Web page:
By the 1980's some homophobic attitudes were relaxed including the Ministry of Culture stating that homophobic bigotry was unacceptable. Castro has even expressed regret for the treatment of gay people during the earlier period of the revolution. Nonetheless, in the fifty years since, there has been very little revolutionary practice on behalf of human or civil rights for gay people. Gay clubs and organisations are banned and as of 2011, gay people are not allowed either marriage or civil partnership and there are no laws prohibiting 'hate speech'. For all the differences claimed and fought for between socialism and capitalism, one thing is for certain and that is that gay rights seem to be insignificant, even within the system that parades itself on being egalitarian and revolutionary. Che Guevara may have revolted against corrupt capitalists, making him an admirable and iconic symbol of social change. Nevertheless, while mostly young people succumb to the promotion of a false hero, with regard to all round human rights, and don the face of who they think was some noble warrior (or a rock star), it must be remembered that the UMAP camps were stringently homophobic and a serious part of what his revolution instilled. On the other hand, an entire section of the consumer market may have no idea who this face belongs to, accepting it as some random mass market pop culture figure, something Guevara himself scorned.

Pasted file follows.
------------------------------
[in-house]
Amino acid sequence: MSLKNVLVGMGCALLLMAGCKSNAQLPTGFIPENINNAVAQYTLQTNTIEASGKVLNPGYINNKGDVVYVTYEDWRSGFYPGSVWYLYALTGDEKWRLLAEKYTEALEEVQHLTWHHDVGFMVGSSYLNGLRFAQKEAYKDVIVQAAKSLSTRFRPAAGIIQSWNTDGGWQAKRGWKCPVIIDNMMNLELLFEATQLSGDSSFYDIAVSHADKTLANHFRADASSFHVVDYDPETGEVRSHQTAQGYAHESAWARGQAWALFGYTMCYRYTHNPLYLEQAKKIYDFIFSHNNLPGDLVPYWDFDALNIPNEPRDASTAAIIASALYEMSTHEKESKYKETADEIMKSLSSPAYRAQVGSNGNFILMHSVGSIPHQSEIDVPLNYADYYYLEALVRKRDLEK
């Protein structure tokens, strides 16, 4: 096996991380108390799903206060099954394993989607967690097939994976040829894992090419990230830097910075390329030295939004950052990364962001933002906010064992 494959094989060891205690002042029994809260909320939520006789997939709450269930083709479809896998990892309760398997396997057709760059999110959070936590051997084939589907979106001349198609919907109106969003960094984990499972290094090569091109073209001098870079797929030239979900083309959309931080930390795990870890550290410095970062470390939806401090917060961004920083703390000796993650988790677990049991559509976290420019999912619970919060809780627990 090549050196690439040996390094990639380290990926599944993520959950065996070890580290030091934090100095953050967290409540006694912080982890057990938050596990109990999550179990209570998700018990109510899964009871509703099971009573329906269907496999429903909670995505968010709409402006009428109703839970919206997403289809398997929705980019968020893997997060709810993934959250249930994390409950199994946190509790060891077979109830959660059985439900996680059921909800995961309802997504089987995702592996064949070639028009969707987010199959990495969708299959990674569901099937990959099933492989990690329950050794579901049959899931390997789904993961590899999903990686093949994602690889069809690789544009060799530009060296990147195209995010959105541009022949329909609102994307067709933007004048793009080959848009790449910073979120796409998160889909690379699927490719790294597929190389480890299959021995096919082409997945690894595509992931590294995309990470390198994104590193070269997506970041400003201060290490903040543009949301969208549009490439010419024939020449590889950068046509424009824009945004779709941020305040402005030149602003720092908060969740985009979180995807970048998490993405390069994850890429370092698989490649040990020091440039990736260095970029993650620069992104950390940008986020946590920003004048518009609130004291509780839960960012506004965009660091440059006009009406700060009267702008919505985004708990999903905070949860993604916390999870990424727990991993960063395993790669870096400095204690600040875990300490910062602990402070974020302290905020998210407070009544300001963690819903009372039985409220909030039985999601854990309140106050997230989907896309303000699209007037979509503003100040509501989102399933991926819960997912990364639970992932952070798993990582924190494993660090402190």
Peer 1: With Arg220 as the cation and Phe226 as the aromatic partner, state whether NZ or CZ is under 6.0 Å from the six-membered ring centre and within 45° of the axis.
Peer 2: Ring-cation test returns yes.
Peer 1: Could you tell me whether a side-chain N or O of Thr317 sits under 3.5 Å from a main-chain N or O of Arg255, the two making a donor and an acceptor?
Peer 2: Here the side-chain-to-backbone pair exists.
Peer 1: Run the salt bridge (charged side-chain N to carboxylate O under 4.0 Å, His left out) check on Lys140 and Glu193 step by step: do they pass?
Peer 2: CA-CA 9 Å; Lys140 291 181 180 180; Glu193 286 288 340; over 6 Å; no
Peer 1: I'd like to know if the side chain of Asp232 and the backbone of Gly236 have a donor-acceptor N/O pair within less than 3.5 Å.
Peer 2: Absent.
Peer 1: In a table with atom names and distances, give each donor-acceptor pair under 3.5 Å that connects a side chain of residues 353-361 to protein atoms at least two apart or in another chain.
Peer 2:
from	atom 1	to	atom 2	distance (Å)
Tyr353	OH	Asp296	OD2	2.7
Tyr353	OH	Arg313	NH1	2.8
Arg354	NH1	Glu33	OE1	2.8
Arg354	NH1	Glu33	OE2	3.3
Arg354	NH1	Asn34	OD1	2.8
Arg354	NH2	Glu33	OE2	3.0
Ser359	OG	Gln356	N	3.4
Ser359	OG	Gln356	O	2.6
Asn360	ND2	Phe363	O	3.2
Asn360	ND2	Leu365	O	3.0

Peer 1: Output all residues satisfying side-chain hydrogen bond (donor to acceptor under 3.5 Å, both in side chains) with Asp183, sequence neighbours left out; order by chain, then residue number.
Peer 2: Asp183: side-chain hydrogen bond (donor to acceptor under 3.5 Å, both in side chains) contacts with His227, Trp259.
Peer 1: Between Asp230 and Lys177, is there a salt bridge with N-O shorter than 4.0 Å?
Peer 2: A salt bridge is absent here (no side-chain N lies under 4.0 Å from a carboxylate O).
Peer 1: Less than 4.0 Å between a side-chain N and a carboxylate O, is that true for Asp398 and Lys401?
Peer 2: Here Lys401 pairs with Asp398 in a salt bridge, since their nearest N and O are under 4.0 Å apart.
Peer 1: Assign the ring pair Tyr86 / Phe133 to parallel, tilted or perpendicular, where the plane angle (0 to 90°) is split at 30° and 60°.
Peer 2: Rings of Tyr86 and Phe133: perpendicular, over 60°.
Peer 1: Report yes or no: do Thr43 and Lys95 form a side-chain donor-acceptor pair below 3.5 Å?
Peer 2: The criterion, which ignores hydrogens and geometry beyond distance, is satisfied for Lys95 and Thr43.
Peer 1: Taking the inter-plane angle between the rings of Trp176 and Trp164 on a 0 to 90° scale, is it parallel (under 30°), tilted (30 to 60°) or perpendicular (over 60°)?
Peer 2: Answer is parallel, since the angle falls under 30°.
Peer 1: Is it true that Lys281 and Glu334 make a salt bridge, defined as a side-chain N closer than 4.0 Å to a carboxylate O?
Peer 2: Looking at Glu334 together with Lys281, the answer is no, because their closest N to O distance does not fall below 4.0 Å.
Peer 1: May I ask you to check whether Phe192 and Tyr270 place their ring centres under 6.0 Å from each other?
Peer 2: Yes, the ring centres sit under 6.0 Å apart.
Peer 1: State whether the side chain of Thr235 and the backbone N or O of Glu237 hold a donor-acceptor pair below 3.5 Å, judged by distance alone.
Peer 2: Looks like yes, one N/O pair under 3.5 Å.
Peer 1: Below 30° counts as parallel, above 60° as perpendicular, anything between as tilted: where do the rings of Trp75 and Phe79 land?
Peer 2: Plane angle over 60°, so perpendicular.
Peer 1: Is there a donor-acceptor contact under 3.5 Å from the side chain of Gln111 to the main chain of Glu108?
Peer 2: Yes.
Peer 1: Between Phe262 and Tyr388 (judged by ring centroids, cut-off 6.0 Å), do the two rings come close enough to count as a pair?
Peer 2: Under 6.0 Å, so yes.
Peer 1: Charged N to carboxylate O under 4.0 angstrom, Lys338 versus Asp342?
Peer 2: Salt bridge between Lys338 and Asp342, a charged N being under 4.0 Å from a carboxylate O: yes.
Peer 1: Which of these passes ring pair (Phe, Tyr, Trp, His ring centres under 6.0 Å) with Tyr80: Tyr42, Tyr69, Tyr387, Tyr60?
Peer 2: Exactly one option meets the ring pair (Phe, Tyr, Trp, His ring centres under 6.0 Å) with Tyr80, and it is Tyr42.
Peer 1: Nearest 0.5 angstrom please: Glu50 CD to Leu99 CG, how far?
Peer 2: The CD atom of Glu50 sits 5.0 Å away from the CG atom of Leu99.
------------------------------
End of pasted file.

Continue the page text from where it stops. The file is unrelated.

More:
- Ivor Casey


  • Bejel, Emilio. Gay Cuban Nation (University of Chicago Press, 2001)
  • Dore, Elizabeth & Carrie Hamilton. Sexual Revolutions in Cuba: Passion, Politics and Memory (Envisioning Cuba) (The University of North Carolina Press, 2012)
  • Goldman, Dave E. Out of Bounds: Islands and the Demarcation of Identity in the Hispanic Caribbean (Bucknell Studies in Latin American Literature and Theory), (Bucknell University Press, 2008)
  • Guevara, Ernesto. The Motorcycle Diaries (Ocean Press, 2003)
  • Improper Conduct, (Dirs. Néstor Almendros & Orlando Jiménez Leal, 1984)
  • Lumsden, Ian. Machos, Maricones and Gays: Cuba and Homosexuality (Temple University Press, 1996)
  • Tatchell, Peter. 'Gay Rights and Wrongs in Cuba',


  1. Very interesting! Thank you for sharing your article. A few years ago I naively had bought a Guevara T-shirt regretting it soon after when I heard about the 'dark side' of the man in question. Such a shame he was such a homophobe as this was not an issue for his so called revolution. However, I'm glad things are changing and even Cuba has decriminalised homosexuality by signing the UN declaration on sexual orientation and gender identity back in 2009. Hopefully things can only start getting better and better for LGBT Cubans.

  2. Thank you Ivor. I made this graphic as a response and have linked to your post -